Yeast performs exceptionally well in industrial settings, and creating CO2-fixing yeast strains presents an attractive choice for developing carbon-neutral industrial processes. Anaerobic fermentation byproducts like glycerol can be produced due to redox cofactor imbalances. It can increase both carbon use and biological production, and decrease byproduct production by using CO2 produced during fermentation as an electron acceptor for NADH oxidation in microorganisms.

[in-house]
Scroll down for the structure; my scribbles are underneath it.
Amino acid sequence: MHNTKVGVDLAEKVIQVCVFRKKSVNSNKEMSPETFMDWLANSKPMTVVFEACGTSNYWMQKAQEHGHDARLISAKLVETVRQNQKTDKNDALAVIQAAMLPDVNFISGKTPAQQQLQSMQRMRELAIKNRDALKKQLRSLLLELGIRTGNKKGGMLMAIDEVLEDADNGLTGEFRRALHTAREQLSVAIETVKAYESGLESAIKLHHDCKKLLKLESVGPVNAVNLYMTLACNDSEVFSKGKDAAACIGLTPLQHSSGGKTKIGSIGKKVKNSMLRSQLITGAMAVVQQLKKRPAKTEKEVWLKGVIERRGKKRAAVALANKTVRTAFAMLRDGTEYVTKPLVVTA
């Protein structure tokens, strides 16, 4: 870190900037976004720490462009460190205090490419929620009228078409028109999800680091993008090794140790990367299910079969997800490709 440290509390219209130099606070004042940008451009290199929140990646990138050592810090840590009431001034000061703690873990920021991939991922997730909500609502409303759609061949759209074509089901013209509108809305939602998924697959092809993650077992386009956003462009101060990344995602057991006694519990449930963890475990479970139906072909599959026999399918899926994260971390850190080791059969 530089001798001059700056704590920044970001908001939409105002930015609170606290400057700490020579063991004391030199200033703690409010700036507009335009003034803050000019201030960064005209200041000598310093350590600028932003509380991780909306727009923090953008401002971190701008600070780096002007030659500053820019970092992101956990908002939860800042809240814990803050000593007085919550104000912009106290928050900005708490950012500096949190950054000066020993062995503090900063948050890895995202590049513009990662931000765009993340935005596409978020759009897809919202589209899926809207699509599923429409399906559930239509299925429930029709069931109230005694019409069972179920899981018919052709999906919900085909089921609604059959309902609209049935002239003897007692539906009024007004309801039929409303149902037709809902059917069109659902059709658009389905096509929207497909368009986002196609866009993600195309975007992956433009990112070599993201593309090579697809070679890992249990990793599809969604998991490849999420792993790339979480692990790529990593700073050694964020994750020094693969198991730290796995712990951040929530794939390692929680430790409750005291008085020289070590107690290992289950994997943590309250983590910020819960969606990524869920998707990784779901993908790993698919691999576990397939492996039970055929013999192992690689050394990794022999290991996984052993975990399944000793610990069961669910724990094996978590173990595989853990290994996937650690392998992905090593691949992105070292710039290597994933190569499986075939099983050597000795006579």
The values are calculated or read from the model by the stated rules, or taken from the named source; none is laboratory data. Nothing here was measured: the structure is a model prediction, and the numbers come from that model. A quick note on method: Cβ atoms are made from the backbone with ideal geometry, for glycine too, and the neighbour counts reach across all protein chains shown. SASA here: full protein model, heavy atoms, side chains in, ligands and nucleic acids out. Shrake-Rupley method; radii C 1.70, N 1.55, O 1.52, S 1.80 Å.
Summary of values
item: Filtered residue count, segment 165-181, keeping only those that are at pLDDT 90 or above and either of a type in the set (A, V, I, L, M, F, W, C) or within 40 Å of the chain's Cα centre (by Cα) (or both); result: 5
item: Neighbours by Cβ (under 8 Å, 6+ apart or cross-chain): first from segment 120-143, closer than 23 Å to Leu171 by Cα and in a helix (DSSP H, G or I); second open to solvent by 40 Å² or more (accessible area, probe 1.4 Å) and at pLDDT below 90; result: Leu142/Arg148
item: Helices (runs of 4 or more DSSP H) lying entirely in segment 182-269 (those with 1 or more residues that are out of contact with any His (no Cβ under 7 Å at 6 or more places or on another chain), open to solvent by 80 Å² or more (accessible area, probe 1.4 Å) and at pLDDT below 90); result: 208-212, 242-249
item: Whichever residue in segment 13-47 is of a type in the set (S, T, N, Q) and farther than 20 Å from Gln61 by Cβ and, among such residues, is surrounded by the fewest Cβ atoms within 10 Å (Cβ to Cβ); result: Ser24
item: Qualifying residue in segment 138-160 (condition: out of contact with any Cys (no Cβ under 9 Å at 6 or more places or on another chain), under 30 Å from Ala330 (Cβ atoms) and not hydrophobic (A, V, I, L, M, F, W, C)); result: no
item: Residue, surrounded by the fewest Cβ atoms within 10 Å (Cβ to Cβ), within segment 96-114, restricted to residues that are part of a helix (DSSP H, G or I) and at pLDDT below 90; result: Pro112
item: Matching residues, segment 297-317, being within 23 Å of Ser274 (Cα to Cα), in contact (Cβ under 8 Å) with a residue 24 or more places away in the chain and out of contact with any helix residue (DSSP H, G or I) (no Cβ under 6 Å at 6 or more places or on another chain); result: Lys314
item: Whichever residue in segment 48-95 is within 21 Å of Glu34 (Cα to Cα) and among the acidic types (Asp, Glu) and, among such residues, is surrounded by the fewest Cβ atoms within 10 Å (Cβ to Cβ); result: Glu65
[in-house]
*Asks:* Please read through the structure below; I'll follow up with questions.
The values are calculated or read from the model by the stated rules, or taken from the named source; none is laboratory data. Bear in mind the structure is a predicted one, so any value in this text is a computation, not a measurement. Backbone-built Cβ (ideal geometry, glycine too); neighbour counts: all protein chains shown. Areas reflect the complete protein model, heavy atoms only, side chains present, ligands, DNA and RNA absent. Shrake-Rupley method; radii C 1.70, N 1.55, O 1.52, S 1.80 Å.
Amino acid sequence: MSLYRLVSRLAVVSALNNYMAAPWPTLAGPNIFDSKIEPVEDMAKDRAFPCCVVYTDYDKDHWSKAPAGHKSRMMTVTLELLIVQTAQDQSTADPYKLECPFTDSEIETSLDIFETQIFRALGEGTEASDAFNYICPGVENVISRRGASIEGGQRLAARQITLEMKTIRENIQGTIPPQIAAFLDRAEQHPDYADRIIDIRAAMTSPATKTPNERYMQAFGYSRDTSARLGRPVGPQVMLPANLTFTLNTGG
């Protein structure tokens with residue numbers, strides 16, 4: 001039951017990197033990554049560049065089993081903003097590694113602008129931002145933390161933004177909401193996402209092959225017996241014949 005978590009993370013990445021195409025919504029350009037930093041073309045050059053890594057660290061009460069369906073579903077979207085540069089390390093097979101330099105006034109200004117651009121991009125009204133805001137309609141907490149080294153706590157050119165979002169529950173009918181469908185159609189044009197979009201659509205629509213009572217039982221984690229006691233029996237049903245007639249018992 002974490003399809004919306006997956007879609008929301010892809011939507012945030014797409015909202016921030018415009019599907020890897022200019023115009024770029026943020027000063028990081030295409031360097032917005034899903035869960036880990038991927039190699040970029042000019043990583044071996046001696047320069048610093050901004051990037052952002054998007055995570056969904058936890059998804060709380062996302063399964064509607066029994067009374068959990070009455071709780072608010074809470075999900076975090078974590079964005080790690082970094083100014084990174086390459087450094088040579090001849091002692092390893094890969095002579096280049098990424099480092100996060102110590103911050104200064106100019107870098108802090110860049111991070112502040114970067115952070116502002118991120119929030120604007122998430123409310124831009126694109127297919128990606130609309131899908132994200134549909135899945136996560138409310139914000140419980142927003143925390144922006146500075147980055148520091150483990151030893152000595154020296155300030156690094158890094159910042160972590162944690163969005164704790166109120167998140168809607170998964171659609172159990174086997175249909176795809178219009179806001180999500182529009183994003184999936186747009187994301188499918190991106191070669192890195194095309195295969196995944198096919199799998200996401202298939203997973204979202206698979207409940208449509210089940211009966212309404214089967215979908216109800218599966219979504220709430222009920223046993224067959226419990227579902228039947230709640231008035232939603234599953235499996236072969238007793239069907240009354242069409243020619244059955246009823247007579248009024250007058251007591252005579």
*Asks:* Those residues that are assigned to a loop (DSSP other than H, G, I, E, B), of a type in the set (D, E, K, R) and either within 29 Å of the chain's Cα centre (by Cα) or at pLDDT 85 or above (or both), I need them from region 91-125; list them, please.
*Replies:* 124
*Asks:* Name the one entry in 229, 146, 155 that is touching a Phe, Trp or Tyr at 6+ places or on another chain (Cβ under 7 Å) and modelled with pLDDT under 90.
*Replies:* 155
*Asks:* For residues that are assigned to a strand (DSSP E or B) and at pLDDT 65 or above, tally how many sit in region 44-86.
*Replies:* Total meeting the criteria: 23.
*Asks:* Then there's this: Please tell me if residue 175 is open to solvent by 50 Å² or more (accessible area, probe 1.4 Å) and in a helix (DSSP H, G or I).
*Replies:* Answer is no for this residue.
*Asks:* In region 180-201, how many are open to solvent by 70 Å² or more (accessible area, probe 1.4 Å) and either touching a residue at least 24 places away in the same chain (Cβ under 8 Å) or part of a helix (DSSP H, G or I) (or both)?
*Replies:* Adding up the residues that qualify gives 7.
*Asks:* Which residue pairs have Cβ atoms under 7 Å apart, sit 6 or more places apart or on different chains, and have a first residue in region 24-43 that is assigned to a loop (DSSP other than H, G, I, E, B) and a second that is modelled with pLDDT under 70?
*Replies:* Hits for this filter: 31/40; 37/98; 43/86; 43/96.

Xia, et al. overexpressed the reductive pentose phosphate pathway in S. cerevisiae SR8 as well as the CO2 fixation enzyme of the CBB cycle to improve xylose fermentation [62]. Prk, RuBisCo, and GroESL were expressed in Saccharomyces IMU032 by Guadalupe, et al. Engineered strain produced 90% less glycerol and 10% more ethanol under conditions of a sugar-limited medium with glucose and galactose fermentation [63]. Li, et al. built the CBB pathway in S. cerevisiae and fermented it in a YP medium supplemented with 70 g/L maltose and 40 g/L xylose, the modified yeast CO2 fixation rate was 336.6–436.3 mg/CO2/L/h [64]. Compared to the metabolism of glucose, the sorbitol metabolism by glycolysis produces one more molecule of NADH. By introducing the sorbitol metabolic pathway into yeast, Van Aalst, et al. increased the efficiency of biological production by providing additional electrons for carbon fixation pathways [102]. Gassler, et al. changed the Pichia pastoris endogenous methanol absorption system into a CO2 fixation pathway through chromosome integration technology. Completely autotrophy strain using CO2 as the only carbon source was successfully obtained after laboratory evolution [33]. Both metabolic engineering and protein engineering should be taken into consideration to optimize Rubisco-PRK pathways and increase protein expression levels in order to achieve functional expression of RuBisCo in yeast; establishing natural mechanisms for intracellular CO2 concentration is also essential for effective carbon sequestration [65].